Be forewarned–if you don’t want to hear about bodily functions, skip this post.
I wanted to take a brief moment to talk about some of the side effects I am experiencing as my body continues to recover from both my surgery and my treatments. This is particularly relevant right now as I am starting to experience some of these side effects that are actually a part of my recovery–meaning they are good signs, but still difficult to endure.
Monday night after my lesson and practice I was doing some compression therapy on my knee and leaning forward compressing my belly when all of a sudden I experienced a sharp pain jolt through my abdomen. It was so sudden and painful I actually cried out and as I began to sit up and flatten out my body I could feel almost a rolling sensation through my belly. The pain came and went for about 20 minutes before it calmed down and I felt a bit normal, but it still remained almost in the background until I went to bed.
I have had a pain like this before, although not as sharp or long lasting and I was told by the doctor it was likely ‘nerve regeneration’, meaning that the nerves in my belly that were severed during my surgery are finally starting to regrow and reconnect. Unfortunately, as they start to reconnect they send pain signals and burning. The good news is that it is a sign I might recover some sensation in my belly.
Expecting the pain I experienced Monday night to be similar (it happens every few weeks), I didn’t think much of it, until when I was doing core strength training on Tuesday the pain unexpectedly came back as my abdomen was compressed again. The pain again remained in the background for the rest of the day.
I was beginning to get a little concerned, as I could feel my belly starting to swell some throughout the day, and I decided it would be prudent to go see my doctor and make sure the pain wasn’t a different complication.
I am happy to report that the doctor wasn’t able to find anything for cause to worry, and it turns out this pain appears to be a combination of different factors.
One of the things I realized Tuesday night was that I hadn’t had a bowel movement in about 3 days. This, unfortunately is one of the side effects of the hormone therapy, as well as the medication I take to control the side effects of the hormone therapy. It’s doesn’t happen often, but it does require me to take a laxative for a couple days about once every 3 weeks.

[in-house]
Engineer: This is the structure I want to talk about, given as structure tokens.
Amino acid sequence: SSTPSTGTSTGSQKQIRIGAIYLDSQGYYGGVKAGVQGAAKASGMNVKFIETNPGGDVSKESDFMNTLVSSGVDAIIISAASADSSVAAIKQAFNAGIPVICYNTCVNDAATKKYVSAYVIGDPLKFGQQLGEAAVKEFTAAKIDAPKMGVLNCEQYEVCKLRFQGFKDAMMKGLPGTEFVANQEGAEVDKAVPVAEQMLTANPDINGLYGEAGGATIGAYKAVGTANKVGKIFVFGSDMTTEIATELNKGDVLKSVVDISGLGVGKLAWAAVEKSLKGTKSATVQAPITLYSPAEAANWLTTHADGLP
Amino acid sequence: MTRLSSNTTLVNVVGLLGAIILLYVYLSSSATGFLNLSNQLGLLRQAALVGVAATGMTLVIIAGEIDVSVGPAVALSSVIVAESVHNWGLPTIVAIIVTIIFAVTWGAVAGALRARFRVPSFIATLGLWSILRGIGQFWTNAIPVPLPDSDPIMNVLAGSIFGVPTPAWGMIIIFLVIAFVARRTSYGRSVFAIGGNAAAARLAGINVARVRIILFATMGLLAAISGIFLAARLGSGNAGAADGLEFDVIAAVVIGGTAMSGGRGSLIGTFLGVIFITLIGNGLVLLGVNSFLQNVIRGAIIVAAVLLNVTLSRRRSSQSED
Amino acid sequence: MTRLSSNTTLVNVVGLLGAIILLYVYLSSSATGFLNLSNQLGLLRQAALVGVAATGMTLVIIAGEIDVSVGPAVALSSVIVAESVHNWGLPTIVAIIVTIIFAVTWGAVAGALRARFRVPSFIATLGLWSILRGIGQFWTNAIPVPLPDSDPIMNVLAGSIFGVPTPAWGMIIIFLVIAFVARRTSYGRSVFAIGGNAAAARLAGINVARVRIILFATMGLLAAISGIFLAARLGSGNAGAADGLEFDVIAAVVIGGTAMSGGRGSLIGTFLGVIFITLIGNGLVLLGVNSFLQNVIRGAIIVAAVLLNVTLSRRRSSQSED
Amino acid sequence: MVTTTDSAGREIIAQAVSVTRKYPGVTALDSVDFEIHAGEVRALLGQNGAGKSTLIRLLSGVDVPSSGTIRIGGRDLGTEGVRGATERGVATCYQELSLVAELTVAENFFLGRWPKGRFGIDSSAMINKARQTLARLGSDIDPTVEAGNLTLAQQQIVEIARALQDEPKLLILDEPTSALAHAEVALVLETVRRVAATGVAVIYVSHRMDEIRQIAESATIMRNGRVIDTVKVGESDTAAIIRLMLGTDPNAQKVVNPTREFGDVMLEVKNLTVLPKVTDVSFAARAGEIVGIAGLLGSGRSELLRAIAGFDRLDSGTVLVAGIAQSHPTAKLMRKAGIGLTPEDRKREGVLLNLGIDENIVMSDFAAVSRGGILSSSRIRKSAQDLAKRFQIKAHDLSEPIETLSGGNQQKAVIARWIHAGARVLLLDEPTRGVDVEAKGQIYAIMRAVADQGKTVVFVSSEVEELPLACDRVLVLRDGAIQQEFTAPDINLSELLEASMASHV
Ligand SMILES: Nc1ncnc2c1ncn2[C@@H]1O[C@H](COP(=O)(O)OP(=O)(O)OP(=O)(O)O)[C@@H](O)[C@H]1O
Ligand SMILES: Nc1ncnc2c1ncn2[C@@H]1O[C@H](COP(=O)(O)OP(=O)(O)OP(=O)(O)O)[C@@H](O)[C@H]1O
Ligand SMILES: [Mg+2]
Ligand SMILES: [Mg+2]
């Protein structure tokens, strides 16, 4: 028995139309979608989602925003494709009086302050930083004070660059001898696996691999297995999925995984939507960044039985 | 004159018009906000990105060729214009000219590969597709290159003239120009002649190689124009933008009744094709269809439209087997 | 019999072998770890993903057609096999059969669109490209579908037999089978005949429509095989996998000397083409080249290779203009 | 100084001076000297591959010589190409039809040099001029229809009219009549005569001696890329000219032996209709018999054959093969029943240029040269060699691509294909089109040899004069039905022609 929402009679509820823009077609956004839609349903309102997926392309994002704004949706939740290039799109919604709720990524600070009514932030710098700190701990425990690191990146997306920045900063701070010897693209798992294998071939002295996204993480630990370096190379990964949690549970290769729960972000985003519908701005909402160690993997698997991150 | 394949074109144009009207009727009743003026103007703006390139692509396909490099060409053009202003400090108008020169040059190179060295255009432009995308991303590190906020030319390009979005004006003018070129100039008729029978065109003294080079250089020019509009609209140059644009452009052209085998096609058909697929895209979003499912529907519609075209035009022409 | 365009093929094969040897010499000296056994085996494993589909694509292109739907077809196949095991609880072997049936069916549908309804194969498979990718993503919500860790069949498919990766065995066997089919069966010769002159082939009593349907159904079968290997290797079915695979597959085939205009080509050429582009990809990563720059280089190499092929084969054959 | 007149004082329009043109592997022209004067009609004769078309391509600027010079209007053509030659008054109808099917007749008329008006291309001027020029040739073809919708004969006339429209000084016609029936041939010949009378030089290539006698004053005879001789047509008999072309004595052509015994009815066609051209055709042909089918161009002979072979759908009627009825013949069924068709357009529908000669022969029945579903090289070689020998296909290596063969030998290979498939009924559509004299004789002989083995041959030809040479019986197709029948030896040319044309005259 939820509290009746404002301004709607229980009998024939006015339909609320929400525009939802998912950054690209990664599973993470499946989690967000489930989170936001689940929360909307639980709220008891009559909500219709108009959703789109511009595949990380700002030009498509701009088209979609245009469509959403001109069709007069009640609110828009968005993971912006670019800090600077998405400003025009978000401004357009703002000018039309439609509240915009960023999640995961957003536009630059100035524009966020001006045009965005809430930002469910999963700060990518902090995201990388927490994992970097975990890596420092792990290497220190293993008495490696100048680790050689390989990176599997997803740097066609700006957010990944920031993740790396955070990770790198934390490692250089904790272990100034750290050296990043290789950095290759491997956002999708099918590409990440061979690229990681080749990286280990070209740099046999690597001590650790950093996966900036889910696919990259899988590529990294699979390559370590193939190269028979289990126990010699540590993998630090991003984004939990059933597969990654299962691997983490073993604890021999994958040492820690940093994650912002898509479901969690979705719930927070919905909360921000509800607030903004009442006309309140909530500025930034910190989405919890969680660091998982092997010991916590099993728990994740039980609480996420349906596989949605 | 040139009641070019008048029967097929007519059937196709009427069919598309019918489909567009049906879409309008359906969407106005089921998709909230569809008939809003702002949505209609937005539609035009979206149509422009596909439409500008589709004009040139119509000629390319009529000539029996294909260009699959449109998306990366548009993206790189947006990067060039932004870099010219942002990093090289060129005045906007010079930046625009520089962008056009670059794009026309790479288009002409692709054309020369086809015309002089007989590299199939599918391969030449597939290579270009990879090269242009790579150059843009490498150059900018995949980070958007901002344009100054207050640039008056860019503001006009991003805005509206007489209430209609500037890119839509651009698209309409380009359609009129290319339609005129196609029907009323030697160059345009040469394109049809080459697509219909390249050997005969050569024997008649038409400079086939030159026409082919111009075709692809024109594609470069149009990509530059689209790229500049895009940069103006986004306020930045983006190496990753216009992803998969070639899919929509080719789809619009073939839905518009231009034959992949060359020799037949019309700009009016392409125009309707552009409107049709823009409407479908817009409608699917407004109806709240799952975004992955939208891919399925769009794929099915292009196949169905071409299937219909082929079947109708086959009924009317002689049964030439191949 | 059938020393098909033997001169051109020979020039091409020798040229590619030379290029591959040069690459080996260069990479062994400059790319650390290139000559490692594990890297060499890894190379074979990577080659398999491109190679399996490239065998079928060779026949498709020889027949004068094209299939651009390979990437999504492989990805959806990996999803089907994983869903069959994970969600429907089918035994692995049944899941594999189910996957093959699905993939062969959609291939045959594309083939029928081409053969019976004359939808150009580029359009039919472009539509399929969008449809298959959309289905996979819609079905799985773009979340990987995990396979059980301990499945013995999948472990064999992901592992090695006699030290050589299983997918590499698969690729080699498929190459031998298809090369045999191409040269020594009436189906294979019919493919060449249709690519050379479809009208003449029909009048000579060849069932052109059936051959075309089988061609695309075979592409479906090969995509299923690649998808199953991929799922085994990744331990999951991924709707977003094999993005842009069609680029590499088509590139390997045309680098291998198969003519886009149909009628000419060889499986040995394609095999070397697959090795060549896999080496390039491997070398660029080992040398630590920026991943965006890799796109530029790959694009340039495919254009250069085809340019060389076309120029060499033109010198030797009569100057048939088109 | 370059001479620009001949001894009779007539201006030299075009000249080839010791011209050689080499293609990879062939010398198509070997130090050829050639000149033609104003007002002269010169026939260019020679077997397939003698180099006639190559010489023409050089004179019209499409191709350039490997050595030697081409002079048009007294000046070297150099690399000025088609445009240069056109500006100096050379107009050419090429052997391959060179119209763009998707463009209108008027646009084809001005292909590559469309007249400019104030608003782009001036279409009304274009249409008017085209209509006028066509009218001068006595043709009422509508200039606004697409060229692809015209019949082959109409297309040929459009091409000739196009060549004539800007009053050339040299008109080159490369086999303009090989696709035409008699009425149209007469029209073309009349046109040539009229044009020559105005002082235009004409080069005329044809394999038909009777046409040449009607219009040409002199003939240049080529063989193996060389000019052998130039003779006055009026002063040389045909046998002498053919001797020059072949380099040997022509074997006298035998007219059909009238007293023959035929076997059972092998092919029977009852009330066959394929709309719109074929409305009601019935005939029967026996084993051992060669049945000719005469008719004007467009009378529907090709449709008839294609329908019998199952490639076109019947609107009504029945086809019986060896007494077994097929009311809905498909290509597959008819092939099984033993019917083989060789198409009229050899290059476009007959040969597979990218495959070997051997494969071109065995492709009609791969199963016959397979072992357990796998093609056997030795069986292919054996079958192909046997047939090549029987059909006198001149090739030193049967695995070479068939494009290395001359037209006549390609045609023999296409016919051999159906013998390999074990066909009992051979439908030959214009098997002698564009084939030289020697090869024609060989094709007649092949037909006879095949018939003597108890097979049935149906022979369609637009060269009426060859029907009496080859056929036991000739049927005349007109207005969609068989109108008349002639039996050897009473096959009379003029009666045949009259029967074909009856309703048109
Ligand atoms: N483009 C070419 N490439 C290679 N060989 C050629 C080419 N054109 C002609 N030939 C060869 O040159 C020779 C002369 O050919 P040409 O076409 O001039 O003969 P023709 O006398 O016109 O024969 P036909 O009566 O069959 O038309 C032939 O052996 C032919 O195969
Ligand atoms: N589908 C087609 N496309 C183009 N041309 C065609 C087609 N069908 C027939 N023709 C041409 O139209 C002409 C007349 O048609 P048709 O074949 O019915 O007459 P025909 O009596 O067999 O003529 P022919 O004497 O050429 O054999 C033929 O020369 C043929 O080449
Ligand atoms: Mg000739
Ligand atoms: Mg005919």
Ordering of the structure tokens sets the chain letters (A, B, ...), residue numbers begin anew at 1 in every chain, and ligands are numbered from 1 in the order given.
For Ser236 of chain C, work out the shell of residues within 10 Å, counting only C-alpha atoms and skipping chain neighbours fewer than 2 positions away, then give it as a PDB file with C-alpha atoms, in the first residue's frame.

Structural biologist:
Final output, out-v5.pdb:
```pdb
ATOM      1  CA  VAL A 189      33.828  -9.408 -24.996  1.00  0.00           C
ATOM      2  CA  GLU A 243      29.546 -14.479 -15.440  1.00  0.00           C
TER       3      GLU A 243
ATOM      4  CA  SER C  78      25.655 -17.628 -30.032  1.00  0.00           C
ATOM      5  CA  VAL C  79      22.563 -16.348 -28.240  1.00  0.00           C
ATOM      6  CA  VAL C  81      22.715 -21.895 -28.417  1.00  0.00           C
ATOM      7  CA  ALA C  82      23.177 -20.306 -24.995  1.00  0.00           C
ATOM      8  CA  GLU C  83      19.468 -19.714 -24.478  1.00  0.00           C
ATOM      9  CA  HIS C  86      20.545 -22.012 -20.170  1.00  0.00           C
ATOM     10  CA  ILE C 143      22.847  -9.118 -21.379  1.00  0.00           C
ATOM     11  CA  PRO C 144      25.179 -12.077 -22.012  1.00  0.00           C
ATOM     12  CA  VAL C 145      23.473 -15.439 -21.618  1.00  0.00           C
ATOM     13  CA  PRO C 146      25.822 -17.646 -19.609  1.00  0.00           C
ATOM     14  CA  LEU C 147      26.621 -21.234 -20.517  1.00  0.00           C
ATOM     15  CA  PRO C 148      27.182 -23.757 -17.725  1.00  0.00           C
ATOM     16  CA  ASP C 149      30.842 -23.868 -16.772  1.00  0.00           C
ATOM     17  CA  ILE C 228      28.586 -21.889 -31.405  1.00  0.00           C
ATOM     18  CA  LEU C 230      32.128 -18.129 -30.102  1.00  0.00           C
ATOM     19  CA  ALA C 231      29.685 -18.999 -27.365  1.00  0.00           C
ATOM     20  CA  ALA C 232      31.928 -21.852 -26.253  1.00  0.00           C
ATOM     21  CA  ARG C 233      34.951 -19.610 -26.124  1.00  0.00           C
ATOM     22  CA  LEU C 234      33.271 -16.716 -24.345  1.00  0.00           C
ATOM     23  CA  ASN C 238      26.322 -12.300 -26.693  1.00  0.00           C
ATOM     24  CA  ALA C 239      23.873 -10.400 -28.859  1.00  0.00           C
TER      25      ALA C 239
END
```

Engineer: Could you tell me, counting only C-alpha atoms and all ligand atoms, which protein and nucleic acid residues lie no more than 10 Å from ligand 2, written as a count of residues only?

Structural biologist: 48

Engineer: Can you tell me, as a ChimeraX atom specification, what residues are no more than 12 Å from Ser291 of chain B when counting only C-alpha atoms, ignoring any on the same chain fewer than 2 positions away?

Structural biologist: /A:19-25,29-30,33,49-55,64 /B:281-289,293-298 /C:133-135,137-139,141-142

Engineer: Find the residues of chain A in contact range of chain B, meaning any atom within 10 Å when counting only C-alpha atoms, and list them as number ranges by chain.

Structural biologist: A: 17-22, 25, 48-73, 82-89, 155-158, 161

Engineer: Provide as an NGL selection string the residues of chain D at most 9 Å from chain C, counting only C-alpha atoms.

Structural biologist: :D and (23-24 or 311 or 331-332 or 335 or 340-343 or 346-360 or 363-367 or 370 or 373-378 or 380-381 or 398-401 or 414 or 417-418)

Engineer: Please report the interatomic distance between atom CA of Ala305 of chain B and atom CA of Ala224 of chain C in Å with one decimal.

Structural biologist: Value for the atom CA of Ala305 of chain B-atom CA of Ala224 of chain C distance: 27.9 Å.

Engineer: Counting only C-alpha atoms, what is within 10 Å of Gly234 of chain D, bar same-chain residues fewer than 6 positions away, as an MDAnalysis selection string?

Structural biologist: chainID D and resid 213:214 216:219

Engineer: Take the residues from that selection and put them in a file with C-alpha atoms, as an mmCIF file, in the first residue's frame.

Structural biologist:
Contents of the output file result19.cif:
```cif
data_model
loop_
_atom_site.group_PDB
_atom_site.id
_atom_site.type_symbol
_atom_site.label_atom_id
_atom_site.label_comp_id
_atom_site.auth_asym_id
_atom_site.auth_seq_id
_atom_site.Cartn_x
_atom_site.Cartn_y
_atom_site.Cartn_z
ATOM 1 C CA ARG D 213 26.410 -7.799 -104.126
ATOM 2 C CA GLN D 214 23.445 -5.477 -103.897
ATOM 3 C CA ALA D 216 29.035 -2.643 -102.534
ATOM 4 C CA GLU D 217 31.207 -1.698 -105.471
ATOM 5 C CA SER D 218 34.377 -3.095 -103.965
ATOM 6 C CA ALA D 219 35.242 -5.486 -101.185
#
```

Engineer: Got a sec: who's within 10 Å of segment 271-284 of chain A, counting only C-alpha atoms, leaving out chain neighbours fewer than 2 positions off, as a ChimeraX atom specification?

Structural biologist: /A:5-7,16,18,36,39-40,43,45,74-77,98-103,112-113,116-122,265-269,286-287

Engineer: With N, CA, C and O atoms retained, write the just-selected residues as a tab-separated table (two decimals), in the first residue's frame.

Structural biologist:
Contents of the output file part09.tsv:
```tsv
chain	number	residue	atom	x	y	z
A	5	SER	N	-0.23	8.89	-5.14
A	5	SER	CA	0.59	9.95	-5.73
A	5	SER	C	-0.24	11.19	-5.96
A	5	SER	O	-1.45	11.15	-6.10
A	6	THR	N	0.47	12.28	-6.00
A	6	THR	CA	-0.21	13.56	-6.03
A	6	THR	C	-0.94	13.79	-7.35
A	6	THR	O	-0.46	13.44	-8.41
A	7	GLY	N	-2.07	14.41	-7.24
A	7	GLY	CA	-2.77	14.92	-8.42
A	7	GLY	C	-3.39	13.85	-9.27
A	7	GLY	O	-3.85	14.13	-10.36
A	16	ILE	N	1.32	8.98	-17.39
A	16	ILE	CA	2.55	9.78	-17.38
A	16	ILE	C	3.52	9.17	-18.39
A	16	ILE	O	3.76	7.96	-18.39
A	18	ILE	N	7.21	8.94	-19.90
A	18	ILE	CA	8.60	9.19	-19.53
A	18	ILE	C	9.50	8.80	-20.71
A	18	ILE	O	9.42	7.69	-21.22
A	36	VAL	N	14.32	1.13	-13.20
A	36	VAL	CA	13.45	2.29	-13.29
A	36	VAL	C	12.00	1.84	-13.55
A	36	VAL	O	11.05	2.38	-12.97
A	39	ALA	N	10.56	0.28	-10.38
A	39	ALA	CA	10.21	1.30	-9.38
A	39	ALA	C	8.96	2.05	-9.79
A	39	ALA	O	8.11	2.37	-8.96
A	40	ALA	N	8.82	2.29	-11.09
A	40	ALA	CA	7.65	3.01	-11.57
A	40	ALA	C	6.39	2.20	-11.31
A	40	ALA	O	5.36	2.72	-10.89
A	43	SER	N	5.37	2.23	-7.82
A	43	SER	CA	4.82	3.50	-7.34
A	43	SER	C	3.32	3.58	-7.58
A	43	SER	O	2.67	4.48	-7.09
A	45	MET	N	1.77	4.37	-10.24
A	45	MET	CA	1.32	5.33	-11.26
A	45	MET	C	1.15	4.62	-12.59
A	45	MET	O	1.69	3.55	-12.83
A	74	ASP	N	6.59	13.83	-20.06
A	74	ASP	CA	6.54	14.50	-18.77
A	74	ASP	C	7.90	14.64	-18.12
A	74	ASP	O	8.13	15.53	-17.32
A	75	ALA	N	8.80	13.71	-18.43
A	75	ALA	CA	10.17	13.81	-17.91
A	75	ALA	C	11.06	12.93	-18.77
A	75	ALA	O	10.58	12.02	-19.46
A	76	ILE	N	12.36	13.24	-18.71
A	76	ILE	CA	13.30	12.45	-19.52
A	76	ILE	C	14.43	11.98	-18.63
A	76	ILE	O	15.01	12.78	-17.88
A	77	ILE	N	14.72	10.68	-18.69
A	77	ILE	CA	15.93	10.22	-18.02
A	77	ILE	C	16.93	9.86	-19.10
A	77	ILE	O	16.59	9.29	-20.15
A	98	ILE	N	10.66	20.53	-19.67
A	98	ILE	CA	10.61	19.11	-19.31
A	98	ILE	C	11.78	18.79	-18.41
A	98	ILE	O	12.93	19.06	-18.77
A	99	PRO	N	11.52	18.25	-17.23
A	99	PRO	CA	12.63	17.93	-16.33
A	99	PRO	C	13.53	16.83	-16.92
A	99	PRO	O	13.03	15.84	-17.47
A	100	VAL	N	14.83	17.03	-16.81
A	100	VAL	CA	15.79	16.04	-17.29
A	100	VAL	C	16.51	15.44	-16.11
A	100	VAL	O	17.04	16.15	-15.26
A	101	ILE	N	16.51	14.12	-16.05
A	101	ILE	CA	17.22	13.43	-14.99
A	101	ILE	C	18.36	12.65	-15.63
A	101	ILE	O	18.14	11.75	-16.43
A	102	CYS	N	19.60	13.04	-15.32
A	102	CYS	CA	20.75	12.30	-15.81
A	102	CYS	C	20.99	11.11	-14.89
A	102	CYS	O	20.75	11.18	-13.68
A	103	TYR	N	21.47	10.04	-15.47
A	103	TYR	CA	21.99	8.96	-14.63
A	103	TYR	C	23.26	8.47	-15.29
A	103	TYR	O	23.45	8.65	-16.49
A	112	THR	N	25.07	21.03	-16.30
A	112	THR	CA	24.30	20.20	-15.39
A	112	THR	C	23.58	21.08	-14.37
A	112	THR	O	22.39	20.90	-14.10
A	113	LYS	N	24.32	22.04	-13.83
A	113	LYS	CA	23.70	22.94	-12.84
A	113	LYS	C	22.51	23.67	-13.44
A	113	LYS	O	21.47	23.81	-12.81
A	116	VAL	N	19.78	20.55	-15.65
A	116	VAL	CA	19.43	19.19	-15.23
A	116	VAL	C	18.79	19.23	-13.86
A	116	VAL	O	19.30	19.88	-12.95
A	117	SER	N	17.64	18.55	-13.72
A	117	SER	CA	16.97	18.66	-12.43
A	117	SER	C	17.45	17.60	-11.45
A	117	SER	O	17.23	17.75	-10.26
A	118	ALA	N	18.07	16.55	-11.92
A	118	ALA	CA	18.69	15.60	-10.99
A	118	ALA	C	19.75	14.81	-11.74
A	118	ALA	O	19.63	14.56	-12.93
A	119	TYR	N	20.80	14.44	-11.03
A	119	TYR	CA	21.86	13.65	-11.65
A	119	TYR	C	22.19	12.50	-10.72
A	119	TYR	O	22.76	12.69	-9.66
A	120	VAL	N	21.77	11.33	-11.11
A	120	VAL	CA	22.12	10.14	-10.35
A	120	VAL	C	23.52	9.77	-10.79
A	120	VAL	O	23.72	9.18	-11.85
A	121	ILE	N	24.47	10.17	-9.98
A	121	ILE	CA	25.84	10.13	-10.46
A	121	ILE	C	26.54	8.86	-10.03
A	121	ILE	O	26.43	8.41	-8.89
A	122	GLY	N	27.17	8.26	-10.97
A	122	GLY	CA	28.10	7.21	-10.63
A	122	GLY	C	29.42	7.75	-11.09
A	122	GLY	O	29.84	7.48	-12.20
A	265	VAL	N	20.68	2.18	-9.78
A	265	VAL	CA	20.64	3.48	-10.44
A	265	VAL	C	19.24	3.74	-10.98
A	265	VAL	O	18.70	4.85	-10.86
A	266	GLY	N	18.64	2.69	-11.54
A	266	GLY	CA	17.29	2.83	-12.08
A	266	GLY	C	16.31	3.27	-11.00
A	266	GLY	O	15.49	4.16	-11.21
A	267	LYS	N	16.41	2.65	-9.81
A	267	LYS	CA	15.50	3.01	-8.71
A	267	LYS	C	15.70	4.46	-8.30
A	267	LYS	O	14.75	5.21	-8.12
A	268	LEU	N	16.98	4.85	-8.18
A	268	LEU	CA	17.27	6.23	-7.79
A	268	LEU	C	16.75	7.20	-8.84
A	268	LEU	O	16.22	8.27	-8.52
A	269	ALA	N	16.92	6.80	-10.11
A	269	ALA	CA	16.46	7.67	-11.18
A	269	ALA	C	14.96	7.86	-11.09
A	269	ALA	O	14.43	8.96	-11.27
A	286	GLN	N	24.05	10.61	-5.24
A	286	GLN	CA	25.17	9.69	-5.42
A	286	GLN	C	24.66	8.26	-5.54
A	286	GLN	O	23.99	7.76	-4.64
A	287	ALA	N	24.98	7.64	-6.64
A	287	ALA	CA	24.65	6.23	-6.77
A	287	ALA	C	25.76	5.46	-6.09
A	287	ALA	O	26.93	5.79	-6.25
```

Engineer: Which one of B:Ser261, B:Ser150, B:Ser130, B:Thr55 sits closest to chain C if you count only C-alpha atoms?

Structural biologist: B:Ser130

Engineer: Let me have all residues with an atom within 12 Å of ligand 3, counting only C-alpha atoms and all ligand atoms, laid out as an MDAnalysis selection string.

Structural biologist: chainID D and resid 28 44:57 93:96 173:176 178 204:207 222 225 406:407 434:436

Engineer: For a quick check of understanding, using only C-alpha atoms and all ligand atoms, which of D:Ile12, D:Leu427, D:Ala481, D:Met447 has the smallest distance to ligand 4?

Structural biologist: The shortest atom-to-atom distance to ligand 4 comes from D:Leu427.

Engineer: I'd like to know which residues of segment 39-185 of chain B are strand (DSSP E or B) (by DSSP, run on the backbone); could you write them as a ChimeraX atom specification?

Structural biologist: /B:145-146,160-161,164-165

When the doctor examined me, he was able to hear a lot of gas sounds in my belly, another side effect of the treatments, and it seemed it was trapped in my intestines. The combination of the two, plus the nerve regeneration seems to be the source of the pain. I had already taken a laxative, but was waiting for it to work. Almost all of today my belly was quite sore, upset and out of sorts.
Things started moving this evening, but the gas pain and bloating was persisting and I was feeling dizzy off and on as it moved through my belly. One of the best things I have found to help this is to get my body moving itself, so I went to practice, which did help provide some relief, but unfortunately I had a fall when moving backwards in foxtrot I got dizzy and tripped over my own feet. I landed hard on my rump and banged my elbow, but it seems nothing has been sprained this time. I stopped practice shortly after that as the dizziness got a little worse, and my belly began to get really uncomfortable.
One of the other things I discussed with my doctor was that I seem to be getting these pains and sensations whenever I drop a size in my belly. He explained to me that it is very likely I am losing subcutaneous fat (which is more internal and around the internal organs), and that could be causing the feeling of compression and rolling–my intestines losing some of the ‘cushioning’ and having some extra space to move around while the rest of my body catches up. It’s actually a good thing as losing subcutaneous fat increases the health of the organs and body overall, but with the surgical changes of my body, it’s a little confused. It thinks it is losing belly fat, when actually it’s my chest that’s getting smaller (my belly fat now being on my chest).
My body should adjust to all of these changes, but the digestion issues are something I will have to keep an eye on to avoid having a “back-log” exasperating the pain of nerve regeneration and my body trying to figure out where to put my organs. If those issues keep up and I continue to experience less side effects from the hormone therapy, I will ask my oncologist when I see him in January about the possibility of cutting down on the medication to control the HT side effects, to try and reduce the side effects of that medication.
Until then, I will keep an eye on things and remember that even though these side effects are inconvenient, and sometimes quite painful, they are signs that my recovery is on track.